Dr Sweeney said: “What the guidelines say is that they have to be followed up twice a year at the memory clinic and once by their GP, so that is three appointments at two different places.

“What we have done locally is make the GP carry out one of two appointments for people with a diagnosis to look at the medication, leaving the memory clinic to do the other one.

“That has freed up around 700 appointments a year in the memory clinic for people with more complex problems.

“The memory clinic was set up a long time ago, certainly before my involvement with the commissioning. They used to have very long waiting lists and they are now much better.”

There are also many other schemes and projects being implemented in the Harrogate district, including specialist nurses assigned to all 42 of the area’s care homes and GPs delivering anticipatory care before patients become seriously ill.

This active intervention, which also includes a GP practice attached to every care home, should not only help people cope early in their condition, but also ease pressure on hospitals for when they are really needed.

“We know the outcomes for people with dementia are worse than for people without dementia, so we hope they will now be in hospital for less time with specialist care from nurses,” Dr Sweeney said.

“For two per cent of people who seem most at risk GPs are developing active care and we have now extended that to four per cent, so that will affect people with dementia because they can have other complications as well.”

Such moves, coupled with the active training in the community with the pilot scheme already completed, will make a huge difference to people living with dementia, and hopefully change their lives for the better.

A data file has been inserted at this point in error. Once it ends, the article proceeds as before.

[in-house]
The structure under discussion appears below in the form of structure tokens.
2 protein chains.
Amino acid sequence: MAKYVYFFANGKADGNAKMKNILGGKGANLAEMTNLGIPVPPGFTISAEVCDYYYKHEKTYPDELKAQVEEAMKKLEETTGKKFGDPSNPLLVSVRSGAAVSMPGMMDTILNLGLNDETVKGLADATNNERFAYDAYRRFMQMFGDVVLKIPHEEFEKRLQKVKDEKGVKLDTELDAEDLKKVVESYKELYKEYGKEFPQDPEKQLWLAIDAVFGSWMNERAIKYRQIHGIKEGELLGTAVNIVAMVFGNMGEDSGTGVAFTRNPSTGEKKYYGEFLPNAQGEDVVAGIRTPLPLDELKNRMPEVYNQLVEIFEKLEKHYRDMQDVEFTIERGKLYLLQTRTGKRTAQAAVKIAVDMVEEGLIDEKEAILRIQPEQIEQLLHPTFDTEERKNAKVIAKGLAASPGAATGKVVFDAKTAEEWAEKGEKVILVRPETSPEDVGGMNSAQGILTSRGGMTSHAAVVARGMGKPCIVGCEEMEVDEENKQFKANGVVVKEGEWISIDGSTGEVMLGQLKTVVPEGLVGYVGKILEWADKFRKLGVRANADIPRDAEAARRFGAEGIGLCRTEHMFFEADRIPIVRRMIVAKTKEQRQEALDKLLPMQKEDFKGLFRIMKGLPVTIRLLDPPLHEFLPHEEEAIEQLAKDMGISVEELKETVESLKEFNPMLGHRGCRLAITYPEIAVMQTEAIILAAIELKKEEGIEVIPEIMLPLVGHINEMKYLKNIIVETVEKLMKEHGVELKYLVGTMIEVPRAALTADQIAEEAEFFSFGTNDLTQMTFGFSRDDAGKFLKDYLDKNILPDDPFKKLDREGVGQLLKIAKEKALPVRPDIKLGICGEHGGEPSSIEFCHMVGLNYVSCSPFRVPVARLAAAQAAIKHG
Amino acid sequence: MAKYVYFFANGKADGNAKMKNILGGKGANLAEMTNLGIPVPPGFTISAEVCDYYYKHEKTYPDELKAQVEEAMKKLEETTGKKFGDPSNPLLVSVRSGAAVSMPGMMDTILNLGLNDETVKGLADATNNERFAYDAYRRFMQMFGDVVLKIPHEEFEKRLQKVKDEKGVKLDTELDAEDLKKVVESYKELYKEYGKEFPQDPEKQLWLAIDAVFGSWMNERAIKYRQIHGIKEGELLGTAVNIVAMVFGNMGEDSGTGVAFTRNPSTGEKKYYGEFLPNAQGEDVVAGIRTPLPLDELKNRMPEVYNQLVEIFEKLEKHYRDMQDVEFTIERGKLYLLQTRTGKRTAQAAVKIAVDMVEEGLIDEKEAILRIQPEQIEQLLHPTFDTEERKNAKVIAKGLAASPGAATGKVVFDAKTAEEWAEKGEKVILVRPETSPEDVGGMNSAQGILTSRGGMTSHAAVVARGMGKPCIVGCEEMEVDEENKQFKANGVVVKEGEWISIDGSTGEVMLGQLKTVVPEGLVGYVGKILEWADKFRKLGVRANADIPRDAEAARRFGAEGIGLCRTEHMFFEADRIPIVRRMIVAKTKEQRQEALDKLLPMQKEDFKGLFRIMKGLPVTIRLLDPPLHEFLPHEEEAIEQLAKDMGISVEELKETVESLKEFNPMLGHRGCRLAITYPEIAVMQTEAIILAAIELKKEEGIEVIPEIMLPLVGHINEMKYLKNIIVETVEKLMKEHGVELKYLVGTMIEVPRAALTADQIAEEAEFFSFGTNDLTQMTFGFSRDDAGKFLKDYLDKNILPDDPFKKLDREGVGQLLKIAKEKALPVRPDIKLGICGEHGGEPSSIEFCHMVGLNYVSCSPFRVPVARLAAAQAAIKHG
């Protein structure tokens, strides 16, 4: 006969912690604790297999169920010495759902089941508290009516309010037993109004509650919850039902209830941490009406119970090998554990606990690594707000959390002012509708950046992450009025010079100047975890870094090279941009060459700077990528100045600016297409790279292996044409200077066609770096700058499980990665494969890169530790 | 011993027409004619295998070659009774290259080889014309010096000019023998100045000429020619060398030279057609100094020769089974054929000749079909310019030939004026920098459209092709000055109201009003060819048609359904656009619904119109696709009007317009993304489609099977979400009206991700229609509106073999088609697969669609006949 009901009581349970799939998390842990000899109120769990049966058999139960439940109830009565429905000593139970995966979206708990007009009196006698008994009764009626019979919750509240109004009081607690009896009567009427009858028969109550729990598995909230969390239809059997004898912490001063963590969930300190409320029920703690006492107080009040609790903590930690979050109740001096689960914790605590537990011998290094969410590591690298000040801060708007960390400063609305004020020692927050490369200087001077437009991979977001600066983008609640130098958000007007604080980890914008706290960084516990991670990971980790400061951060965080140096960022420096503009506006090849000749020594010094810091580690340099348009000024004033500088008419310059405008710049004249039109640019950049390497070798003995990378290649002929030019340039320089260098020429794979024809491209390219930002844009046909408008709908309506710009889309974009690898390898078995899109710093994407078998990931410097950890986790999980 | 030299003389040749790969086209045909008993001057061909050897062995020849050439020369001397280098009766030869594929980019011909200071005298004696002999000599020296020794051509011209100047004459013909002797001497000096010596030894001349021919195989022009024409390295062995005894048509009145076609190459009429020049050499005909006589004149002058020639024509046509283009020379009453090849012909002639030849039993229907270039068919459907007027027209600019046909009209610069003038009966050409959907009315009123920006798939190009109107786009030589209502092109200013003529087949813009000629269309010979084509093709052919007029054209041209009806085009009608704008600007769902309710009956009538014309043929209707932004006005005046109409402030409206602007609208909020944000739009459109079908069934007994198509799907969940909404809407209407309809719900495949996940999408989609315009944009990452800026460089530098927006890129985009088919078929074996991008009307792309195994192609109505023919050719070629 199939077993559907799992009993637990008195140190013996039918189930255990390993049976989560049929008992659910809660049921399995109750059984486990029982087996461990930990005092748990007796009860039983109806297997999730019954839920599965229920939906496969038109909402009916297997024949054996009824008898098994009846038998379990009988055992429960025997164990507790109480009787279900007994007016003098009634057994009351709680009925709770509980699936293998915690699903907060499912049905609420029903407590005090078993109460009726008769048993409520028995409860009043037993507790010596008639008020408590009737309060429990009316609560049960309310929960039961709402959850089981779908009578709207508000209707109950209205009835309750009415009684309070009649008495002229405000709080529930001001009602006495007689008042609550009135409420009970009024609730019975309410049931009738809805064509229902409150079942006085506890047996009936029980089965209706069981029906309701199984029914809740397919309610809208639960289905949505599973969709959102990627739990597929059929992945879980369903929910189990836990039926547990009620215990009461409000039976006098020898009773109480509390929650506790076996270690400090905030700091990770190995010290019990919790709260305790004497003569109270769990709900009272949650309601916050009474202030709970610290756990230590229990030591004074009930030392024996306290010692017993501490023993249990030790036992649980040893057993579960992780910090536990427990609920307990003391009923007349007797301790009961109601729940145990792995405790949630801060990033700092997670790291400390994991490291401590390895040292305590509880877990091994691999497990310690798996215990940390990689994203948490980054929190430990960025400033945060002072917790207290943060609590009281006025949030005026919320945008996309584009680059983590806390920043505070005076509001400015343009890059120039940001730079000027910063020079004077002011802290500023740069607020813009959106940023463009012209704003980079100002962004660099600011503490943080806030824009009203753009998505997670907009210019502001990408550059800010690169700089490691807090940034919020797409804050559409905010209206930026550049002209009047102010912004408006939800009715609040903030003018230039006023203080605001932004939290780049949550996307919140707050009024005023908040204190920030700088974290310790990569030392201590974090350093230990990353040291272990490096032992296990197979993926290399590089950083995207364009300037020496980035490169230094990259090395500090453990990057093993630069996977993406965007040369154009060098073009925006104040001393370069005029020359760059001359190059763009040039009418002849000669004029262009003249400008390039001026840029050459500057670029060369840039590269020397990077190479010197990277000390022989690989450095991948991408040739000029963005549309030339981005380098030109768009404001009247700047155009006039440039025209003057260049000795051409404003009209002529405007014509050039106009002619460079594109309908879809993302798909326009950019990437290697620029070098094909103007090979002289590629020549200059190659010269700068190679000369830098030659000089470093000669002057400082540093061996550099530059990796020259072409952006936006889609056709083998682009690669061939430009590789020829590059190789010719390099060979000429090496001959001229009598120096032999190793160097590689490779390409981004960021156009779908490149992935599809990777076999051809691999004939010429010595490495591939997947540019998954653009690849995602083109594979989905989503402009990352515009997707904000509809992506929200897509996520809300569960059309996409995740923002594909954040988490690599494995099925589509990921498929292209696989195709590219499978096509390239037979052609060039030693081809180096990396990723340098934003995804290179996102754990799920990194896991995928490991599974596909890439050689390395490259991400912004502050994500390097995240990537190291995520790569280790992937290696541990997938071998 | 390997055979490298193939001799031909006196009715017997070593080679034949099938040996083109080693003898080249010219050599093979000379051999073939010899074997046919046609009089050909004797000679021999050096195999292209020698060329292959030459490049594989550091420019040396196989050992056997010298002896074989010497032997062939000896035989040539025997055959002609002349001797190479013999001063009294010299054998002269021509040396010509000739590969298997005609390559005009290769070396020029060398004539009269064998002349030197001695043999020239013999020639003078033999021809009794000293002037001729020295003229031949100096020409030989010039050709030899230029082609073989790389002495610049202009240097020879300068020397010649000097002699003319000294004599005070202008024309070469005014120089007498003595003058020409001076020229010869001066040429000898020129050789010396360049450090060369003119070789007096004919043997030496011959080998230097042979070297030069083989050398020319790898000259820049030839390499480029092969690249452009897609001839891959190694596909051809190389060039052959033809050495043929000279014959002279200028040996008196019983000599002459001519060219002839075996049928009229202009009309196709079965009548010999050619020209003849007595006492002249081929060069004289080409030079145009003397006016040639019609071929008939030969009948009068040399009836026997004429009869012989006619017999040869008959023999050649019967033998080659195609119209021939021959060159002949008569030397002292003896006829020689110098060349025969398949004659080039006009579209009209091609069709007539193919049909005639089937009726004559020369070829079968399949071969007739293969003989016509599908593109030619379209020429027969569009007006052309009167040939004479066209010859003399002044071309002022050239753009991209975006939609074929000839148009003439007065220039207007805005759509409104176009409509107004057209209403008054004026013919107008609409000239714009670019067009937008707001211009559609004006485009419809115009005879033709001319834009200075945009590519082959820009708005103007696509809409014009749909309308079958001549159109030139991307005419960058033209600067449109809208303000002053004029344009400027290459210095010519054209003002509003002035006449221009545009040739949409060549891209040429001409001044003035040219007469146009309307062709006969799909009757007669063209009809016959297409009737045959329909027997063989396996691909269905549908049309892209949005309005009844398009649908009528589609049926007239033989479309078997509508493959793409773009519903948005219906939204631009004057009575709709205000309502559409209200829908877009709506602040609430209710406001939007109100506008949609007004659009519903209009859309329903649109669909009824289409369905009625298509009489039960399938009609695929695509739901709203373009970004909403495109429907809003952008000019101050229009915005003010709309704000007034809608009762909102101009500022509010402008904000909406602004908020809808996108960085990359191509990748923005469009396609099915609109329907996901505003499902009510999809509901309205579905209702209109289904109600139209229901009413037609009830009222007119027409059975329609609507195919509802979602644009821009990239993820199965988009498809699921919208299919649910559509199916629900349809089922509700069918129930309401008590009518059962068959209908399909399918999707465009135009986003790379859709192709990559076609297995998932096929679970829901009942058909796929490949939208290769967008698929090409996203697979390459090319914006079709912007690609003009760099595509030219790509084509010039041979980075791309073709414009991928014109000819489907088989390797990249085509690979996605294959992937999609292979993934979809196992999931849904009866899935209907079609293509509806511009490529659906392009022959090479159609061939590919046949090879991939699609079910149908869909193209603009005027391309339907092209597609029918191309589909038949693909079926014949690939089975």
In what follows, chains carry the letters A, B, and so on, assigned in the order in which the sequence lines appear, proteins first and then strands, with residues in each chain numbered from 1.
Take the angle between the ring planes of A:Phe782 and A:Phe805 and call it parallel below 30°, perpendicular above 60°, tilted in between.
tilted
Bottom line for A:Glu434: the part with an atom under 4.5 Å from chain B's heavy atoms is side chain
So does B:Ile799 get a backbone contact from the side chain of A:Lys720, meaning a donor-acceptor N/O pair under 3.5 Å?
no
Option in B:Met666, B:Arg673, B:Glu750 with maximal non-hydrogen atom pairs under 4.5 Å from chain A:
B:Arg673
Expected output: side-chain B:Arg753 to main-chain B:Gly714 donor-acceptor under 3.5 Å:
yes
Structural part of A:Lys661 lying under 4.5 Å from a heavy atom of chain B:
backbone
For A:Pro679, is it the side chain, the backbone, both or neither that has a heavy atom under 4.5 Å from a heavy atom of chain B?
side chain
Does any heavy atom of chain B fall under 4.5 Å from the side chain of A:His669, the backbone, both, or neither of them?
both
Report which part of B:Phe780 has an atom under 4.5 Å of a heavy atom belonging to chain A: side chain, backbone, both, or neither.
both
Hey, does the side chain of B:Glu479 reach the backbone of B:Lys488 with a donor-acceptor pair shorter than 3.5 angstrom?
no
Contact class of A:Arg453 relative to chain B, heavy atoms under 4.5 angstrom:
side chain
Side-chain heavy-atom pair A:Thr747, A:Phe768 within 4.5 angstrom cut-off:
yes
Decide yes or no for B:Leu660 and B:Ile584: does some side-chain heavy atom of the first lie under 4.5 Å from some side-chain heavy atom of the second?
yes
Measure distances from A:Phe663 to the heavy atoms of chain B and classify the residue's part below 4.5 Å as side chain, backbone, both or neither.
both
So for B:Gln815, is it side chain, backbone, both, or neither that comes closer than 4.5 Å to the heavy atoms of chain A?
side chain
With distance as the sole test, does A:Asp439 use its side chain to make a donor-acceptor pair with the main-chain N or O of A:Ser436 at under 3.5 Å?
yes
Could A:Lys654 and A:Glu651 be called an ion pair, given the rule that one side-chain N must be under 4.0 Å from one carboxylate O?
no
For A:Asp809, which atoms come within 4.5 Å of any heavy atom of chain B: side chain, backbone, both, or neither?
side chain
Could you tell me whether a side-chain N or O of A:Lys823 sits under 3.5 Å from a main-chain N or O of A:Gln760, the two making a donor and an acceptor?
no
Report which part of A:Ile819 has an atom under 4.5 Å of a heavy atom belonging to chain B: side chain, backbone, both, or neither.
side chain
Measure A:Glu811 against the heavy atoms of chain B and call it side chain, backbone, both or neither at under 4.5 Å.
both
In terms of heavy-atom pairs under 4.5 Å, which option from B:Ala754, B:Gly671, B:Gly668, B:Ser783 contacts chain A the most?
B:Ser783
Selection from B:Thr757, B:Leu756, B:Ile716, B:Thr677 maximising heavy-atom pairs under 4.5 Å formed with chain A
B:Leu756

Attend the launch event at Holiday Inn, Harrogate on September 22, and sign up for the education programme.

In the event of an emergency, contact Dementia Forward on their helpline 01765 601224.

Val’s story:

With 3,000 people in the Harrogate district with a diagnosis of dementia, there are many individual stories of how people are uniquely affected by the disease.

While some people have to deal with memory loss and mood changes, Val Reece, aged 67, finds it difficult to deal with her environment.

She struggles with open-tread stairs and dark areas in restaurants and cafes, and the small changes businesses can make, by signposting a lift and adding new features to a room including more lights, can make all the difference to her comfort and sense of security.

Her husband Ken, aged 66, said: “The dentist is good because he is switched on and aware and takes the trouble to help Val and the hairdresser is good, but we have been going there a long time.

“Going somewhere new is a key thing. We went to a restaurant and asked for a window table because when it is dark it works against us, but people look at you quizically.